The mother of the child concerned was 18 when the child was born. She had a relationship with the child's father that began when she was 15 and he was 19. Children's services first became involved in March 2012. That involvement was as a consequence of bruising to the child's head that it is now conceded occurred because of a lack of supervision about which it is said the parents were not at the time open and honest. There was domestic abuse between the parents in front of the child (domestic violence was denied) and they had a peripatetic lifestyle involving nine changes of address in the first eleven months of the child's life. On two occasions the child's father had removed the child from her mother during the course of arguments. The child was placed with the paternal great grandparents by agreement in April 2012.
 Although the proceedings began in October 2012, the local authority's plan for the child changed in August 2013. From 20 April 2012 until the end of August 2013 the child had lived with the paternal great grandparents. They, and in particular the child's great grandfather, became unable to offer a permanent home to the child because of ill health. One of the proposals that was considered during that placement was whether the child might live with her mother with the benefit of a supervision order at the end of the proceedings. The paternal grandmother had also been assessed by the local authority in July 2012 before the proceedings began but that assessment was equivocal. Although it expressed a conclusion that was negative, its content included some significant positives. Given that the local authority were seriously considering other members of the family including the child's mother, the paternal grandmother apparently chose not to challenge her own assessment until it became clear that the local authority had had a change of heart. There is an issue about whether she knew that she could challenge the assessment, whether anyone kept her informed about what was happening in the proceedings or took the trouble to ascertain her views and/or whether she simply waited too long before seeking to care for the child. The care plan changed to a proposal for an adoptive placement on 22 August 2013.
 The terms in which the judge dealt with the grandmother's application at the beginning of the hearing are as follows:
"This is an application for leave to make an application under section 8 of the Children Act. I bear in mind that this is a very late application and I bear in mind the Family Proceedings (sic) Rules and the overriding principle that I have just referred to. Although this is a late application, it has the potential for disruption not only of these proceedings but the interests of this child.
I am not going to shut the grandmother out of these proceedings at this stage. She can stay and hear the evidence, she can stay during all the proceedings, she can find her seat comfortably with other parties and she will be able to give evidence and through the solicitor for the father she can cross examine the author of the assessment that was made of her which was negative. I, therefore, adjourn her application to a stage in the proceedings after all the evidence has been completed. I do so in balancing the fairness to all the parties here and to the child.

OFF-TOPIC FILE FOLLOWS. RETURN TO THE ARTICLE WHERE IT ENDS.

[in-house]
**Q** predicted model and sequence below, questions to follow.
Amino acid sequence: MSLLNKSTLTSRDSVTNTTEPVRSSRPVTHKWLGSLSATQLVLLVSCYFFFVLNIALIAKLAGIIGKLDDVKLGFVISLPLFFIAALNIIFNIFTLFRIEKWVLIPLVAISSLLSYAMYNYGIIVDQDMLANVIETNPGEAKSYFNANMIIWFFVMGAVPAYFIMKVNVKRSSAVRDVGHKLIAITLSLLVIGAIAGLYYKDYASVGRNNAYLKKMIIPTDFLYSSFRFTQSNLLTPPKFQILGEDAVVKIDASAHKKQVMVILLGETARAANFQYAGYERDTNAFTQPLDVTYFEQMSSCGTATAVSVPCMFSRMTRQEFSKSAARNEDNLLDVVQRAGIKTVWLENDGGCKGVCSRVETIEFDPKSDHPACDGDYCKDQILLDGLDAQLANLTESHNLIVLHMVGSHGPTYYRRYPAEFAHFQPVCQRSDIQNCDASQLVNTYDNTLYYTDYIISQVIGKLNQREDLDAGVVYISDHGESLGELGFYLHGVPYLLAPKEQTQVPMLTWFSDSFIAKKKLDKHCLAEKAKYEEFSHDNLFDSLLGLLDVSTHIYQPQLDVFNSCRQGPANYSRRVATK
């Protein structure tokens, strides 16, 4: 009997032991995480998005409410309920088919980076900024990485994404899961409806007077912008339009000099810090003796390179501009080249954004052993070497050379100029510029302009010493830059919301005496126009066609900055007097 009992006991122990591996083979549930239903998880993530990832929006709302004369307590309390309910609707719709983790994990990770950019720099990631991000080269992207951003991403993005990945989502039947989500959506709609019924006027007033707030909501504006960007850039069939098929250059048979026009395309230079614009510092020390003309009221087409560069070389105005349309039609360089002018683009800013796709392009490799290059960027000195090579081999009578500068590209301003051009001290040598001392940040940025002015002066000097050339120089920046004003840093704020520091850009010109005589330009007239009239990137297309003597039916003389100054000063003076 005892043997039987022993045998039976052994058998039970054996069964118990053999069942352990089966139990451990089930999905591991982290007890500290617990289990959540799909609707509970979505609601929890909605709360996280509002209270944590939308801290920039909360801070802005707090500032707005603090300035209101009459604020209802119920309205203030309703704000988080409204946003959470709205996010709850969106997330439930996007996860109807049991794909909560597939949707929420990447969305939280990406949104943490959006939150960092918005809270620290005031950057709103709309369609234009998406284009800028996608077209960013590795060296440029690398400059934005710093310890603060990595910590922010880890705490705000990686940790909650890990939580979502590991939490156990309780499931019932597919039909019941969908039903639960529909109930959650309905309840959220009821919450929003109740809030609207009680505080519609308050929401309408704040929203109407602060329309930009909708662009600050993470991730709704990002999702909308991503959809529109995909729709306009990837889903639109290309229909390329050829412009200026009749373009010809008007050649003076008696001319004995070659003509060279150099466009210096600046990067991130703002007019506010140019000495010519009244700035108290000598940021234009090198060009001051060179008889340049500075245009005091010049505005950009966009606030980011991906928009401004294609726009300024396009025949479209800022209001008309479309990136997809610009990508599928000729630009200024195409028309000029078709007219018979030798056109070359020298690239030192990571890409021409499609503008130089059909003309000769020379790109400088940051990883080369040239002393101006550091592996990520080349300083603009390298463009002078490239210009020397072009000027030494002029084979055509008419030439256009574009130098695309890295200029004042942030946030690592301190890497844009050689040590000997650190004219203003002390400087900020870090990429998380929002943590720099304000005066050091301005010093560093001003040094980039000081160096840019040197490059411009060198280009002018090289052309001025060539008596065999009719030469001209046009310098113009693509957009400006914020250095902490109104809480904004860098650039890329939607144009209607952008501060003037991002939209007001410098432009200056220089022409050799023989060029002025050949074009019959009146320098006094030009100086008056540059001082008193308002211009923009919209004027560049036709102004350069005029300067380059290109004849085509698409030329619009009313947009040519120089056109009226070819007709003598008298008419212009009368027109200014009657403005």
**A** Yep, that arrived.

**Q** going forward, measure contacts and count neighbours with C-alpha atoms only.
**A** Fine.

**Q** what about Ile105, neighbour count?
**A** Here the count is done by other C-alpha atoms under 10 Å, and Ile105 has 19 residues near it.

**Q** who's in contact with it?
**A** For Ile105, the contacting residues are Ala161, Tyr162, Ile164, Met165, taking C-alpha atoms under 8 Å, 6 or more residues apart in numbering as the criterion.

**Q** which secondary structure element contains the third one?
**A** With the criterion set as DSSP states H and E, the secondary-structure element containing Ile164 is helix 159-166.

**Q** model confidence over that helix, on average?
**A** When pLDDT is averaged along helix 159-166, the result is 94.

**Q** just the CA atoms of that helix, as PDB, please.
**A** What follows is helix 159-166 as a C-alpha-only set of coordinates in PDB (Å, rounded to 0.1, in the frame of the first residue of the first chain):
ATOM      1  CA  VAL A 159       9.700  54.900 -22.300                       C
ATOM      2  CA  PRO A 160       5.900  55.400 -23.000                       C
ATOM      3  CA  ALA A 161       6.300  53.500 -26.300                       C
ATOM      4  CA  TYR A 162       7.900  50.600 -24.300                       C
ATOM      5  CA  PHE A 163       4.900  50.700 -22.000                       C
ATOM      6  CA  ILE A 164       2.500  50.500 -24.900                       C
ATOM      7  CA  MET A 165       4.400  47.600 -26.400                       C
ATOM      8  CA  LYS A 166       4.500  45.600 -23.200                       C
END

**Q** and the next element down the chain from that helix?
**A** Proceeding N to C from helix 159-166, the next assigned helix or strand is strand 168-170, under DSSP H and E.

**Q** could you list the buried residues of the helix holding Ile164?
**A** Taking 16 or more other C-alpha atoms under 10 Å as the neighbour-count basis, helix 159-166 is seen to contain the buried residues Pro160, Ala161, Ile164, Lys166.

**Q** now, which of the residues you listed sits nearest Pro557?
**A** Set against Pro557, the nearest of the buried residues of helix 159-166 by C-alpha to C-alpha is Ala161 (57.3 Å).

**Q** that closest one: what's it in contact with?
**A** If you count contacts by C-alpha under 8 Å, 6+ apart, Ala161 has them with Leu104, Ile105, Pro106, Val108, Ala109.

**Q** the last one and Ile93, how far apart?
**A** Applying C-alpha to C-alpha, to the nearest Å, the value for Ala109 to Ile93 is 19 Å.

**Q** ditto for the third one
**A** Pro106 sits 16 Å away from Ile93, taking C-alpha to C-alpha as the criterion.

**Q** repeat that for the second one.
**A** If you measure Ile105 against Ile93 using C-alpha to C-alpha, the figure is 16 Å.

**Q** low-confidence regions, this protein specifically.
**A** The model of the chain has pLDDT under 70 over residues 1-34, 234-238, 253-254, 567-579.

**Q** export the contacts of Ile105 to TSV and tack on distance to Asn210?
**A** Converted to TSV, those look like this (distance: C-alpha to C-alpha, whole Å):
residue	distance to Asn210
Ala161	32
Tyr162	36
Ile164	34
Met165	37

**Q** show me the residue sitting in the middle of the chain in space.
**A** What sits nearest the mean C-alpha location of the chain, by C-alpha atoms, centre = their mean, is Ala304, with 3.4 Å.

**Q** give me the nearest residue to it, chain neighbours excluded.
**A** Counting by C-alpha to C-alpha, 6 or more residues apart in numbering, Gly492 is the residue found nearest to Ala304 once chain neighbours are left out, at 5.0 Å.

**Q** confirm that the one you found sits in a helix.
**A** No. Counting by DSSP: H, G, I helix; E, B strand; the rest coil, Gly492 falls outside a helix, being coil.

There will be no ostensible delay of these proceedings by doing this, I allow her interests at least to be considered and for her to hear all the evidence as it potentially may interest the third party."
 At the end of the hearing the judge refused the application for five reasons that involved no analysis of the evidence, no analysis of the content of the assessment of the grandmother or the potential merits of her case, as follows:
i) the late nature of the application and the delay that an additional expert would occasion;
ii) the nature of the grandmother's proposed application, namely for a residence order which the judge described as lacking in detail;
iii) the limited connection with the child: the judge accepted that there was an emotional attachment but erroneously described the continuous and significant contact arrangements as being "some ad hoc inter-familial arrangement for contact";
iv) the real disruption that the application would cause to decision making about the child's immediate future; and
v) the fact that the grandmother did "not fall within the remit of the local authority's plans".
 As to the merits of the grandmother's case, the judge was brief. The analysis in his full judgment was limited to the following words:
"The original assessment of the grandmother on 12th July of 2012 was negative. There is scope to believe that things have not so fundamentally changed that that report should stand to be considered as being valid. Any contribution as sought by the grandmother would require considerable analysis of the family dynamics, including of course an exploration of the father's upbringing which itself has been the subject of various explanations, and also the management of contact. That was the view of the Guardian and I accept it. There is no merit in the application for the grandmother to care for the child. I appreciate that she may well have a kind heart and show commendable maturity as a grandparent herself in conceding that the time is now right for a decision to be made in respect of [the child]."
 The grandmother's case was that she has a meaningful connection with the child who had regular contact including staying contact with her. That contact had existed before the child's placement with the great grandparents, had continued after that placement had ended and was still taking place during the proceedings on a twice weekly basis. In addition, the July 2012 assessment acknowledged that the paternal grandmother and her husband displayed genuine emotion for and were clearly concerned about the child's future. They were assessed as being fully aware of the local authority's concerns about the parents and the child's care needs. There was a significant attachment between the child and her grandparents that would be severed by the adoptive plan. By the time of the final hearing, the child's parents supported the grandmother's application.